While VAs vary, they are often bodiless, meaning that you interact with a voice system through a channel such as a smart speaker or similar, but there is no physical (virtual reality or augmented reality, for example) embodiment of the VA. in other words, you can hear it, but you can’t see it. In other words, while virtual assistants use AI, it’s hard to talk about them as human-like AI systems.
The way we interact with VAs is based on dynamic dialogue where the system is able to understand a wider variety of natural language. That being said, VAs generally don’t understand every nuance of human language, and very few VA systems are able to decode other kinds of communication such as a user’s tone of voice or body language.
Virtual Human Agents
Virtual Human Agents (VHAs) are the most advanced form of the three. Like VAs they are powered by AI-systems. These systems tend to be more advanced, making the VHA capable of more nuanced communication, as well as the ability to take on a multitude of different job tasks. VHAs are the most human-like AI systems around today.
Both VAs and VHA have the ability to learn more about users over time, with VHAs being able to make more nuanced conclusions. Via all possible AI approaches, including machine learning, they can improve how well they perform tasks over time. In essence, they improve every time they interact with a human. The data gathered and used to deliver the best possible can, as is the case for Connectome’s VHAs, include body language, the tone of voice and other factors.
VHAs tend to be ‘embodied’ entities. In the case of Connectome’s VHAs in the form of a human avatar. A user can see the avatar, which can both read and display emotions via facial expressions and body language. The avatar can move with the users, including across devices. This creates a more natural human-technology interaction that increases trust and also makes communication more nuanced.
Use cases are extremely broad. A VHA could work as a receptionist in a company, be a personal assistant that handles many different tasks for an individual, and work in healthcare-related fields, to mention but a few. We have addded a couple of links to articles about use cases for VHAs at the end of this article.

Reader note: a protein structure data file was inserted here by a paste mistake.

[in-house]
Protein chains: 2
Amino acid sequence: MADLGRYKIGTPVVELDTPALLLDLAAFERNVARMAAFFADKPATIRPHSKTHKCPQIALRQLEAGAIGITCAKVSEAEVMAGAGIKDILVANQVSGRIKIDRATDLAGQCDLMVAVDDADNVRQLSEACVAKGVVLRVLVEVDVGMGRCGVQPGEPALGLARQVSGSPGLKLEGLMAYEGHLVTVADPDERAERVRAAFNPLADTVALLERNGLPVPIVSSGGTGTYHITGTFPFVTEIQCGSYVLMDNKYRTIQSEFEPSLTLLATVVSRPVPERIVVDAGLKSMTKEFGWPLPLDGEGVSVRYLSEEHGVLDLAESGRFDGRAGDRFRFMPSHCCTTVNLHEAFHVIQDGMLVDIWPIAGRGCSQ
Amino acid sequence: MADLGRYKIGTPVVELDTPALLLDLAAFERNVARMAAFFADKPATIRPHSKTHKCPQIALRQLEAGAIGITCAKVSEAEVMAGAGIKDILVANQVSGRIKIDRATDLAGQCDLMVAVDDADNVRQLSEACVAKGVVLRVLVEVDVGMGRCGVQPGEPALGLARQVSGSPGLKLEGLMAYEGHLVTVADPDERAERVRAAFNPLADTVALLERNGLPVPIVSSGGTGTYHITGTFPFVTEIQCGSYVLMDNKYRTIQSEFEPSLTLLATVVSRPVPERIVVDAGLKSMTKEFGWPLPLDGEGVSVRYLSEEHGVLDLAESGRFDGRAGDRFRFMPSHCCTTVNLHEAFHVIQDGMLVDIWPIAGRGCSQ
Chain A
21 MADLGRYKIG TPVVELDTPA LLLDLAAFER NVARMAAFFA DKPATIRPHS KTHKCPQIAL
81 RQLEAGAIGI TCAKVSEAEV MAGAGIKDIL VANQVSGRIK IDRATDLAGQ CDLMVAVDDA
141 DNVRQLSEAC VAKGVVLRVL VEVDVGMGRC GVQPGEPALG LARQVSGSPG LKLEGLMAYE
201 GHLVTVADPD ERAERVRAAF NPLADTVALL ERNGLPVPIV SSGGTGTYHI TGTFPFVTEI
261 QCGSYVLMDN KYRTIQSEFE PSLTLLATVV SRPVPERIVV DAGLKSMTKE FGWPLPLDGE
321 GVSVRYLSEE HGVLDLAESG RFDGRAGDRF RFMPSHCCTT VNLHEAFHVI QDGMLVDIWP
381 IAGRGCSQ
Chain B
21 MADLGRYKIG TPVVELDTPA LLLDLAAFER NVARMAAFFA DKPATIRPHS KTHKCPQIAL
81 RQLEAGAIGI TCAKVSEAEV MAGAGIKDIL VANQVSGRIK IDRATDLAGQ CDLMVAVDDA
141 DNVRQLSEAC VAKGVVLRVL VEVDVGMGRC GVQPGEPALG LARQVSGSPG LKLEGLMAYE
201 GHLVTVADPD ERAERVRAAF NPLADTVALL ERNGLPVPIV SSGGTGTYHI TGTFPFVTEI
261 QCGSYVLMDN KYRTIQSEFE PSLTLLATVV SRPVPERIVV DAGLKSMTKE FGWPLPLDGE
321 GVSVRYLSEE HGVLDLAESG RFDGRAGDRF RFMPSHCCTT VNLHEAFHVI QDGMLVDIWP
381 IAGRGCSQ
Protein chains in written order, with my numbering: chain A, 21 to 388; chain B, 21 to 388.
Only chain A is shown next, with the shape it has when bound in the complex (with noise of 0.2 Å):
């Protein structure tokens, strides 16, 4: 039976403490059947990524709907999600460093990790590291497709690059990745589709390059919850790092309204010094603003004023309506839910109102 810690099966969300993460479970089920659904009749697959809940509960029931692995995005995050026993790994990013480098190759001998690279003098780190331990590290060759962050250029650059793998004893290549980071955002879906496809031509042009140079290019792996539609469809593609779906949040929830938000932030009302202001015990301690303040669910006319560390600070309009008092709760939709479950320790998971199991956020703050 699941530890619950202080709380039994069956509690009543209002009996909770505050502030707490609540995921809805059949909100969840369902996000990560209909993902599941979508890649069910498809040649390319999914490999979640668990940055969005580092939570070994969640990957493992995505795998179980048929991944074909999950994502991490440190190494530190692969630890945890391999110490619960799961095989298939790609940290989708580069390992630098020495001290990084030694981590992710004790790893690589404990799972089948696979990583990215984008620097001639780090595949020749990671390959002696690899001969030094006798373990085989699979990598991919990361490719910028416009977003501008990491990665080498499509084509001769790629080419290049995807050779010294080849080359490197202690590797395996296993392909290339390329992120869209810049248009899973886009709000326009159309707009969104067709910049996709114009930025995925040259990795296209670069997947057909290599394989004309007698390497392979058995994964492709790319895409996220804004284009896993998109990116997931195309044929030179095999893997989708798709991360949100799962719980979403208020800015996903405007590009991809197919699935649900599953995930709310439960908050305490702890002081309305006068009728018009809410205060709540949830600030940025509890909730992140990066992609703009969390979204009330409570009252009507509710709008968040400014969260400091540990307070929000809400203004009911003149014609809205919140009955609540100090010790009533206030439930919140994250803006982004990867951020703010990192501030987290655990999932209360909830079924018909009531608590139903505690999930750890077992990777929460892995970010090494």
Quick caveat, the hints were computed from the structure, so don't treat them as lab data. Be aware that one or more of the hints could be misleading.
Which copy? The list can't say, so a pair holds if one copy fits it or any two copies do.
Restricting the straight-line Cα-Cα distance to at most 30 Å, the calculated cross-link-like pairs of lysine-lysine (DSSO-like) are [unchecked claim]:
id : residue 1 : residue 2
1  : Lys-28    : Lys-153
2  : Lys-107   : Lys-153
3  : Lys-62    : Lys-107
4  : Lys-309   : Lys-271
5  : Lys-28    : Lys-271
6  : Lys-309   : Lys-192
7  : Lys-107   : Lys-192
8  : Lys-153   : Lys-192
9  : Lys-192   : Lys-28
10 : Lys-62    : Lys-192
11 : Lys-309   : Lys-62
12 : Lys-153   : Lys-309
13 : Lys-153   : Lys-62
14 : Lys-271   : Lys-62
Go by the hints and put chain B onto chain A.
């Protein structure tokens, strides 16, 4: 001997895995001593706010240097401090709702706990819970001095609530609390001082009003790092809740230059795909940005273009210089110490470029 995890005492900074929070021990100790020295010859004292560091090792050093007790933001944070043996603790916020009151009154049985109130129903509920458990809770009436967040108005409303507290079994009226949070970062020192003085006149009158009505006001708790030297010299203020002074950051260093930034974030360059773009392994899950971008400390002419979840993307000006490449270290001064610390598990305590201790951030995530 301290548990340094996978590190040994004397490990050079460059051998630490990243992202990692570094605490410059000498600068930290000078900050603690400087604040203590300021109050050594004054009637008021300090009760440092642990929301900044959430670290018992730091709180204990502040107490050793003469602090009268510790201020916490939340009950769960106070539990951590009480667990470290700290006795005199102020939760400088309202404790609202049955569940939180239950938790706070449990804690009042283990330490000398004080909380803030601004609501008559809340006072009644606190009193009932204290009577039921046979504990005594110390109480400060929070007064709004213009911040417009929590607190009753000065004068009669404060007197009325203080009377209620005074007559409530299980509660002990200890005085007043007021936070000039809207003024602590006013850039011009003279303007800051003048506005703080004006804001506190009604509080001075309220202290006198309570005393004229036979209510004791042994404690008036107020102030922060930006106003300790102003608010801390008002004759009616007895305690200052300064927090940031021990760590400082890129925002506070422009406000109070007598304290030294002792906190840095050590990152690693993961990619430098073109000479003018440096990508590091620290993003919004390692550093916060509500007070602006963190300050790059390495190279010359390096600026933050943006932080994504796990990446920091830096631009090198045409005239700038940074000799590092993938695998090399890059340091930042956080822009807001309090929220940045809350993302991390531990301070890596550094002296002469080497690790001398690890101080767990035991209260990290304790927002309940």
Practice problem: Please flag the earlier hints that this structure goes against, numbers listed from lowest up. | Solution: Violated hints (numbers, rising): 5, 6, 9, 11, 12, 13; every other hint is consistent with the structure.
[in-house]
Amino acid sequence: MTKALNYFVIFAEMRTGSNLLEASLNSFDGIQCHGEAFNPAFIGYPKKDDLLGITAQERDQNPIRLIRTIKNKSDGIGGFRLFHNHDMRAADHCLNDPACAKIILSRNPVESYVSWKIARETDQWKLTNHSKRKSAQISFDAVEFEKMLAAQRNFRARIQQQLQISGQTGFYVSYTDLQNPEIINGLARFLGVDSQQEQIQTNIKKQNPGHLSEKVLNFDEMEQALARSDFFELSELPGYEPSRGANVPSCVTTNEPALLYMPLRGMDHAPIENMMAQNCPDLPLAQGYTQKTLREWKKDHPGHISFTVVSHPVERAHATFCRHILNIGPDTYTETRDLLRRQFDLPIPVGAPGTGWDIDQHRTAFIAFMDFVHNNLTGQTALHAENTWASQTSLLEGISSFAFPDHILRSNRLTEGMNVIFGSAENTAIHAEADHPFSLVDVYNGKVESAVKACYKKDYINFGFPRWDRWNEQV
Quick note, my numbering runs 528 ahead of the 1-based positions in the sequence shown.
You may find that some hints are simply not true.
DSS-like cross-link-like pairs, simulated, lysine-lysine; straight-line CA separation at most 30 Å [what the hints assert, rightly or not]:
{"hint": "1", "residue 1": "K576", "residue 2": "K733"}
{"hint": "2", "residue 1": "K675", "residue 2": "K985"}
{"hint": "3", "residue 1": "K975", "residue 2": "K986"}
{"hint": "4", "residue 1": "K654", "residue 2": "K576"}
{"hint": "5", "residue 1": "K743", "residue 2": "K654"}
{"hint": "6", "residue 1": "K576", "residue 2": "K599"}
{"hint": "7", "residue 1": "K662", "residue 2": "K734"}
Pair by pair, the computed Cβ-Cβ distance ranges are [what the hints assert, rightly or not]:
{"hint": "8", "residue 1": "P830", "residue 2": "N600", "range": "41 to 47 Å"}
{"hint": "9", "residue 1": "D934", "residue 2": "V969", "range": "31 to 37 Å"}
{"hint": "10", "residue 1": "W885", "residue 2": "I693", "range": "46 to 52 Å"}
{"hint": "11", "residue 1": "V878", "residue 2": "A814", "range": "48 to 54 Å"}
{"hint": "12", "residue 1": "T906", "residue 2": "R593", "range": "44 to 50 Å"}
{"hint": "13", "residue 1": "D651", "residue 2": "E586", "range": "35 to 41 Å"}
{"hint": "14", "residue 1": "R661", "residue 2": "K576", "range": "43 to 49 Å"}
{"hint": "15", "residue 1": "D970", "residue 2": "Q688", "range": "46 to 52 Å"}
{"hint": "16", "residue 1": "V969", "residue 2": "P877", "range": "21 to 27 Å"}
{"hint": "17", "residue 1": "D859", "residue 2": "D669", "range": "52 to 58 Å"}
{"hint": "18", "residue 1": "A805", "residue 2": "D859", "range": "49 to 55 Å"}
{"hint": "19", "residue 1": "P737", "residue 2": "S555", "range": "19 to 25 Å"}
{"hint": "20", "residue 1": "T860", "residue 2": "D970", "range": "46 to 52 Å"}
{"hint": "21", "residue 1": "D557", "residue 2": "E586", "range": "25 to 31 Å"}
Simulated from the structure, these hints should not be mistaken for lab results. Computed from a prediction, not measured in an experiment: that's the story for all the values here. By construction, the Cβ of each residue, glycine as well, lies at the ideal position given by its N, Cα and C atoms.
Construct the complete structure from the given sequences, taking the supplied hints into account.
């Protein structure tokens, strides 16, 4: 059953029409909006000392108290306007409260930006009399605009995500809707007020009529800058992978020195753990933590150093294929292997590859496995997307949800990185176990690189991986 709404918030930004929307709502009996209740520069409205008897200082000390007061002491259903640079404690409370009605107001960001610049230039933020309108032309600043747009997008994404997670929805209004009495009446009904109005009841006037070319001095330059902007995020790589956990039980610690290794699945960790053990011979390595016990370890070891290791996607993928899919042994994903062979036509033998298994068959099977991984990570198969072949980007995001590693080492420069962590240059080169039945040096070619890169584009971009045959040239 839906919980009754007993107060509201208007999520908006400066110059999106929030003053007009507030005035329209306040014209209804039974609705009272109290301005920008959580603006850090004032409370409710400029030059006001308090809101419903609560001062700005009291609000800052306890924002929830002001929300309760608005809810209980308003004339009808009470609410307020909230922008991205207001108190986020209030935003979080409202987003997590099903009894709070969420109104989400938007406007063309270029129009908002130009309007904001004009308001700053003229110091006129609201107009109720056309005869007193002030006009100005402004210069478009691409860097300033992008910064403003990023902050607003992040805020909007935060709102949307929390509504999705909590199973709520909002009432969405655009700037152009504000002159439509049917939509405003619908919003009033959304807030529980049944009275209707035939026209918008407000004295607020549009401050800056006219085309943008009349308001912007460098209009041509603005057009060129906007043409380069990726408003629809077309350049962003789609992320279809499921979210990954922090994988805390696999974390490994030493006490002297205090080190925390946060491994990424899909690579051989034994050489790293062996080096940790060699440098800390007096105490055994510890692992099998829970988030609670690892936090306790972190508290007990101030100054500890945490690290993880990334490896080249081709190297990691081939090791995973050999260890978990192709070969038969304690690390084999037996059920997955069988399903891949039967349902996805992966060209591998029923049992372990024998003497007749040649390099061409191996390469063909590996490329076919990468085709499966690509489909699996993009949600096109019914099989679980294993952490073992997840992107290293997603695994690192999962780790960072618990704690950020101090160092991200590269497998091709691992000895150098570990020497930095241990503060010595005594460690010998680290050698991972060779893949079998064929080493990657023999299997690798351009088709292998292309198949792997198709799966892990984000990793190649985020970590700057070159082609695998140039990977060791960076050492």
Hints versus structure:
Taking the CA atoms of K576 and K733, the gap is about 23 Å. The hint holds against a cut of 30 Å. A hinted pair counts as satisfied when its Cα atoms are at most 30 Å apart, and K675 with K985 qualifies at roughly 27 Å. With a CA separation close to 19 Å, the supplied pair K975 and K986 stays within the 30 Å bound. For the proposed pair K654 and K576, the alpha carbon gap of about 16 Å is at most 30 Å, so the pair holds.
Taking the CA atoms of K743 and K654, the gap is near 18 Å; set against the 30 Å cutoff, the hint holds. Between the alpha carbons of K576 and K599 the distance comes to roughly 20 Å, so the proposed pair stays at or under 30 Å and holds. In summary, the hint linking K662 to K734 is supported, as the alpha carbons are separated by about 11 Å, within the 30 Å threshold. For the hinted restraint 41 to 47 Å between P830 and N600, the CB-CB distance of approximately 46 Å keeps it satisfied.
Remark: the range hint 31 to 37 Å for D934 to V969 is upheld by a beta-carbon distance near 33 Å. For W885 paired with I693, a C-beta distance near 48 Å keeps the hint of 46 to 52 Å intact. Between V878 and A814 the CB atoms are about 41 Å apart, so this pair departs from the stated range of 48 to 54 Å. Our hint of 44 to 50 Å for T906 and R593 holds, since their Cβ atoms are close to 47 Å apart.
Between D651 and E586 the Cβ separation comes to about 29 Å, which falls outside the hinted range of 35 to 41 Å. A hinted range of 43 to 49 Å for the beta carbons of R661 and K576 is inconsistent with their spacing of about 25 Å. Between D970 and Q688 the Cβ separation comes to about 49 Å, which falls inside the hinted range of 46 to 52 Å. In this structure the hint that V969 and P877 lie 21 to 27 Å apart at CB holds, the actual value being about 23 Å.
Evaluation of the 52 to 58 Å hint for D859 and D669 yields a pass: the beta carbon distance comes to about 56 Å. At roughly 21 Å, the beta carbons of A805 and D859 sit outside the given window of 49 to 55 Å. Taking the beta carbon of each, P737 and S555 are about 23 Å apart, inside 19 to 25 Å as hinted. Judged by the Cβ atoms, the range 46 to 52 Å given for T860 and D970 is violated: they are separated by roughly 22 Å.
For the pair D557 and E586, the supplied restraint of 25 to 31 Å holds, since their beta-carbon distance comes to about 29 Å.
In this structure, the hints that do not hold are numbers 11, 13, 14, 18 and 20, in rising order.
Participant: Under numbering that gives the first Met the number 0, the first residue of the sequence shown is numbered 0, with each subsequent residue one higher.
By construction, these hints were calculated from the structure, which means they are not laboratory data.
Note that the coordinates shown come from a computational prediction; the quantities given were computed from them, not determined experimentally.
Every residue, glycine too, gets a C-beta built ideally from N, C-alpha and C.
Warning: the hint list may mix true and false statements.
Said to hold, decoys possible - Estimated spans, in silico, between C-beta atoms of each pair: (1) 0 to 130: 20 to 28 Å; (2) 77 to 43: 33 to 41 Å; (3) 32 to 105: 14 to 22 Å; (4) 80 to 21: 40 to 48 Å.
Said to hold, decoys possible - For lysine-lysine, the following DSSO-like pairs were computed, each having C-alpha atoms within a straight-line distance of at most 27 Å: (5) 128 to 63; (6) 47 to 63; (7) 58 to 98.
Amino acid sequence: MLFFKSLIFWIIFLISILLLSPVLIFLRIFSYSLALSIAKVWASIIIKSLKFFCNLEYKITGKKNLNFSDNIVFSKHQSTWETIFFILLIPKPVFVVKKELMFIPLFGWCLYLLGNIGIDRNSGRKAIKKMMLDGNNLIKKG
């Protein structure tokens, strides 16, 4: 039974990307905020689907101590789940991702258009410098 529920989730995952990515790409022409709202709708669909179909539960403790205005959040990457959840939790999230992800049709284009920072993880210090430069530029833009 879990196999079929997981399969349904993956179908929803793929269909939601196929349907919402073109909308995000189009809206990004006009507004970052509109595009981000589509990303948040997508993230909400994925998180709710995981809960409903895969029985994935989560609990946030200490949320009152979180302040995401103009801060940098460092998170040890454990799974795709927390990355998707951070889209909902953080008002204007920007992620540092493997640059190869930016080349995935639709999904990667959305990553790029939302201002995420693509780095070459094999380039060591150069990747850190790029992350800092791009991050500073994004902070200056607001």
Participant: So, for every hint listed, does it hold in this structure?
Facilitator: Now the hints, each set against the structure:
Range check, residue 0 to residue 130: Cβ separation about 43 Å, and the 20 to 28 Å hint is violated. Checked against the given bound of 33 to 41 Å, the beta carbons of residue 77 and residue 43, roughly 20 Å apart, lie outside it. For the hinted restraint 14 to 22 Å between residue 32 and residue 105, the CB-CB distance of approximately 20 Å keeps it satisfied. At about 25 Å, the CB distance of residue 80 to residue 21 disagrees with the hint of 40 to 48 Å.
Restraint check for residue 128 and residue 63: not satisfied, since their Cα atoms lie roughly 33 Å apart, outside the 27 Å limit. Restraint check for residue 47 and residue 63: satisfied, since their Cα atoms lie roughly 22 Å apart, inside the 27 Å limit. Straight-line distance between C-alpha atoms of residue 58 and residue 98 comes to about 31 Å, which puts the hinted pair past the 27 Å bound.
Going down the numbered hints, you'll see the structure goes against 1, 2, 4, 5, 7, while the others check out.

The increased functionality and data gathered calls for extra protection, which is why Connectome uses blockchain technology to both safeguard users’ data and find new ways of improving the VHAs’ functionality.
Thanks to the broad scope, VHAs are also an excellent choice for developers looking to create solutions for companies, individuals or organizations. Collaborating with monetary incentives and gaining worldwide exposure for solutions can be stumbling blocks, which is one of the reasons why we are developing the Connectome Marketplace. Here, developers and creators can gain exposure for their creations, ensure ownership rights and earn capital from their hard work.
Pick And Choose
It is important to note that the exact distinctions between the three categories presented above is debated. However, it is generally accepted that defining differences between them include complexity, adaptability and use cases. Those use cases for individuals, companies and organisations are not mutually exclusive. In other words, you can invest in – and use – all three if you feel that it makes sense to your situation.
While chatbots dominate the market today, their relatively low functionality and scalability limits their growth potential and use cases. VAs have a broader use, and they could dominate developments in the short term.
However, the increasing number of internet-connected devices and the growing need for some form of intermediary between ourselves and the increasing number of electronic systems we interact with leads to the conclusion that the limits to VAs capabilities make them less suited for the future of human-technology interaction.
VHAs, on the other hand, have almost unlimited potential, which is one of the reasons why we at Connectome believe that they, not chatbots or VAs, will be the technology that will come to dominate in the future.